Owners of older homes may
qualify for earthquake retrofit
Starting this week, owners of older single-family homes across parts of Los Angeles and San Bernardino counties in 18 cities across the state may qualify for a $3,000 state seismic retrofit grant to fix them.
“You wouldn’t feel safe driving a car that has no seat belts, and you shouldn’t feel safe living in a house that hasn’t been bolted to its foundation,” said Janiele Maffei , chief mitigation officer for the California Earthquake Authority and executive director for an Earthquake Brace + Bolt program administering the grants, in a statement.
“To protect their families and most valuable asset, all Californians should ensure their homes are properly braced and bolted.”
More than 1.2 million houses across California that were built before 1979 are especially at risk of falling from their foundations during a temblor, state emergency officials say, because they’re not bolted to their foundations.
Such homes often include a crawl space under the house, and “cripple walls” between the foundation and first floor that are vulnerable to collapse, causing a home to slide off its foundation.
In the 6.0-magnitude Napa earthquake of August 2014, old unbolted homes got hit with repair bills of up to $300,000.
So the state Earthquake Brace + Bolt program is dispensing $4.8 million — $3 million from the state and $1.8 million from the California Authority’s Loss Mitigation Fund — to offer a simple and relatively cheap fix to reduce damage.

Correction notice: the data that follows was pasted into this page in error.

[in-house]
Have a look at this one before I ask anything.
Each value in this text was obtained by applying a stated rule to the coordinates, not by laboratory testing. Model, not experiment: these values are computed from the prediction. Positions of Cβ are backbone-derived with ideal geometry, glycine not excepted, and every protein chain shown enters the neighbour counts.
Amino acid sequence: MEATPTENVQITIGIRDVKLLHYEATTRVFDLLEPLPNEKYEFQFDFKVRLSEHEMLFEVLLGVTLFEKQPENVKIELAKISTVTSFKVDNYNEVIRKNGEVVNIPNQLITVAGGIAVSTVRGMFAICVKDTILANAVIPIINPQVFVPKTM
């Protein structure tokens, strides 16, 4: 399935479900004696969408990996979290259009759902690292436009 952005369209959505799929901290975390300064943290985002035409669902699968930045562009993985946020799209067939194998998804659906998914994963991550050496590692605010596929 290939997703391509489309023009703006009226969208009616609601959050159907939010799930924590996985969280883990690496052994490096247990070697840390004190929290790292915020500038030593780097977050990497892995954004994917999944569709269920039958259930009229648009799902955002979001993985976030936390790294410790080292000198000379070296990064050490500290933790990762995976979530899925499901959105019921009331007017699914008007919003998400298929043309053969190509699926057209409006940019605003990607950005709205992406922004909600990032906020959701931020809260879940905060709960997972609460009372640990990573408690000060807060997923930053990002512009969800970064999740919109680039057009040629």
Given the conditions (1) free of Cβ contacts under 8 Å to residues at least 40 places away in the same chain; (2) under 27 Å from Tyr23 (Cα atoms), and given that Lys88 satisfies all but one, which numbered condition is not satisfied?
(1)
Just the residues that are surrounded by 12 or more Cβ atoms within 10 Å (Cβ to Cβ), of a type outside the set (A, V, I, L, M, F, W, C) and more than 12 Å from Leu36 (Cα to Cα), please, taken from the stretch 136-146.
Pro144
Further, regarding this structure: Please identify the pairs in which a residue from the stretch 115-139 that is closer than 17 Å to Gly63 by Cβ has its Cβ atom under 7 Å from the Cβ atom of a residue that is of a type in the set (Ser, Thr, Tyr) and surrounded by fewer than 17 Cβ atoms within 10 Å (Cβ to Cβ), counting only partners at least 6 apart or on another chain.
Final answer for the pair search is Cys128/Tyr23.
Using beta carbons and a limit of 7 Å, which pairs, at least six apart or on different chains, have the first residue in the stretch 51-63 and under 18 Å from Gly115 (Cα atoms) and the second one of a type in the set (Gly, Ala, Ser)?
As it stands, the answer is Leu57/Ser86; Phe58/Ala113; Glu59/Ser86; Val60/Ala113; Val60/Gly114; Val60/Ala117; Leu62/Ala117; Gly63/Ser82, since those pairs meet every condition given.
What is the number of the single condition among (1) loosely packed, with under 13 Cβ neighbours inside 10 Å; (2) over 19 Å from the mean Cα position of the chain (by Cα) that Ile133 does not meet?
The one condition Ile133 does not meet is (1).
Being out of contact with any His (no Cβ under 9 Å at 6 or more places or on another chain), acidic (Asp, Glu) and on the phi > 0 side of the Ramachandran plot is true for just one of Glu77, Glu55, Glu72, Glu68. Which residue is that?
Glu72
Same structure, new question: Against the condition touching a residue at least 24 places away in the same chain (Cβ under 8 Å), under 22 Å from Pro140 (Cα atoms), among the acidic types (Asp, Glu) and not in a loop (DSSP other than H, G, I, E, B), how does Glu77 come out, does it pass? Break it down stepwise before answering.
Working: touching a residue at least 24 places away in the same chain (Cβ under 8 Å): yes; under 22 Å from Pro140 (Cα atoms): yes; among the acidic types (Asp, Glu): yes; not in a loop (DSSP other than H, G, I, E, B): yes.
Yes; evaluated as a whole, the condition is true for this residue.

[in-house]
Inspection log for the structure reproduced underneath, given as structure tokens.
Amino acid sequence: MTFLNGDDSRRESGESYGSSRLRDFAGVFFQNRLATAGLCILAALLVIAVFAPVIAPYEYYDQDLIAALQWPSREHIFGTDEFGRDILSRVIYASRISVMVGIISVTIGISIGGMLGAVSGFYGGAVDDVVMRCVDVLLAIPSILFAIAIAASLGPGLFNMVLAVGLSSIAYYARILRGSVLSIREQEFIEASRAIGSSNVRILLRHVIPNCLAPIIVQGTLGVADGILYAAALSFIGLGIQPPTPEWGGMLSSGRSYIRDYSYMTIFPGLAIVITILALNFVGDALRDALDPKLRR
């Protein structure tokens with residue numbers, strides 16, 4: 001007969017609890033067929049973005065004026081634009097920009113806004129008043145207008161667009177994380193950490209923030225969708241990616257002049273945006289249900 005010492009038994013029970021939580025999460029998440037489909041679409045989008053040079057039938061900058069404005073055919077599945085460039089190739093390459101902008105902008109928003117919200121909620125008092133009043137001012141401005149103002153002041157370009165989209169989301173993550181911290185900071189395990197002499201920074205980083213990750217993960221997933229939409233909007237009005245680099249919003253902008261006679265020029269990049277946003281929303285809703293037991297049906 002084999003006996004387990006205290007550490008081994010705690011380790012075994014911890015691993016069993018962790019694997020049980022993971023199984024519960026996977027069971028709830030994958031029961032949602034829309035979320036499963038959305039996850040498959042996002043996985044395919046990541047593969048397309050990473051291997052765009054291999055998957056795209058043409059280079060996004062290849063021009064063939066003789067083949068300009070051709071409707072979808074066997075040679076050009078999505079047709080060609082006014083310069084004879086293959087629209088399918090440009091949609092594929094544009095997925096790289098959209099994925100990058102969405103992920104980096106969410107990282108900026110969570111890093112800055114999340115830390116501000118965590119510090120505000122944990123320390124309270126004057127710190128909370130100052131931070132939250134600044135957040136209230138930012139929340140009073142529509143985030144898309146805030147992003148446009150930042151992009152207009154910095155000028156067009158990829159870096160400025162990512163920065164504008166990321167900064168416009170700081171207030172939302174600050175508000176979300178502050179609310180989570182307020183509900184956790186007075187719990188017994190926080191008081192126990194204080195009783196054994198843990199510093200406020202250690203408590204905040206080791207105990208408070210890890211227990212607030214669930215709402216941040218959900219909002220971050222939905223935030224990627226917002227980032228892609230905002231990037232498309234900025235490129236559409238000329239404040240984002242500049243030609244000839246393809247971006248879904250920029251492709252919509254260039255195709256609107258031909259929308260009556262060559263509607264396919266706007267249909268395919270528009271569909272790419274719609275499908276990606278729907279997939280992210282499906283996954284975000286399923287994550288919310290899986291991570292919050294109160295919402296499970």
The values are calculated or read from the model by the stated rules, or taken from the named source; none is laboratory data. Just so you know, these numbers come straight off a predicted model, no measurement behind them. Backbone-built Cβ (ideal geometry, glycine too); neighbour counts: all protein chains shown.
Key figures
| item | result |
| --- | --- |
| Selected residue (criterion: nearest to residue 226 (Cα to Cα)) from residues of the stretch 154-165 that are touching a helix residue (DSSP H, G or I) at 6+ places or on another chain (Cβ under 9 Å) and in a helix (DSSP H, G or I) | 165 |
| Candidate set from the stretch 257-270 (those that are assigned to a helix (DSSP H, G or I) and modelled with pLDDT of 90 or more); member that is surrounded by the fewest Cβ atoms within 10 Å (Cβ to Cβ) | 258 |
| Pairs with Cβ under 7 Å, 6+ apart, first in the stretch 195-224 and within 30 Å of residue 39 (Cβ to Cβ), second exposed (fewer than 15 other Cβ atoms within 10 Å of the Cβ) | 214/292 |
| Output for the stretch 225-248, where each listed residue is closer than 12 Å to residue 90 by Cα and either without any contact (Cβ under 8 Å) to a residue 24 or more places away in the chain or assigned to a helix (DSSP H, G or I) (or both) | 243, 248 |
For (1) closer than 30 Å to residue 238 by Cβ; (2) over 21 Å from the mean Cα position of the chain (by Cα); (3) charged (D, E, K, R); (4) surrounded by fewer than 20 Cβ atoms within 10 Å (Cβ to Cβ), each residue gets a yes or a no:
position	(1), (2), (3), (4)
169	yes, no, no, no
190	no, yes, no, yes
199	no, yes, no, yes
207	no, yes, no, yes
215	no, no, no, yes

Homeowners in more than 100 zip codes, including Los Angeles, West Hollywood, Santa Monica, Pasadena, South Pasadena, San Marino and San Bernardino, have until Feb. 20 to apply for up to $3,000 for seismic retrofits.
The repairs, which involve bolting a house to its foundation and bracing the crawl space around the house, can range from $2,000 to $10,000, officials say.
Homeowners can apply for funding at EarthquakeBraceBolt.com, which also has a list of trained contractors.
The Earthquake Brace + Bolt program is run by the California Residential Mitigation Program, a joint powers agency created five years ago by the earthquake authority and the Governor’s Office of Emergency Services to buttress homes against earthquake damage.
Officials say communities hit by even a moderate earthquake such as Napa recover more quickly if damage can be prevented and people allowed to remain in their homes.
“We know that cities like San Francisco and Los Angeles are aggressively preparing for the next Big One,” said Assemblyman David Chiu, D-San Francisco, who wrote a bill last year to secure the seismic retrofit grant money. “But the state of California is also stepping up.”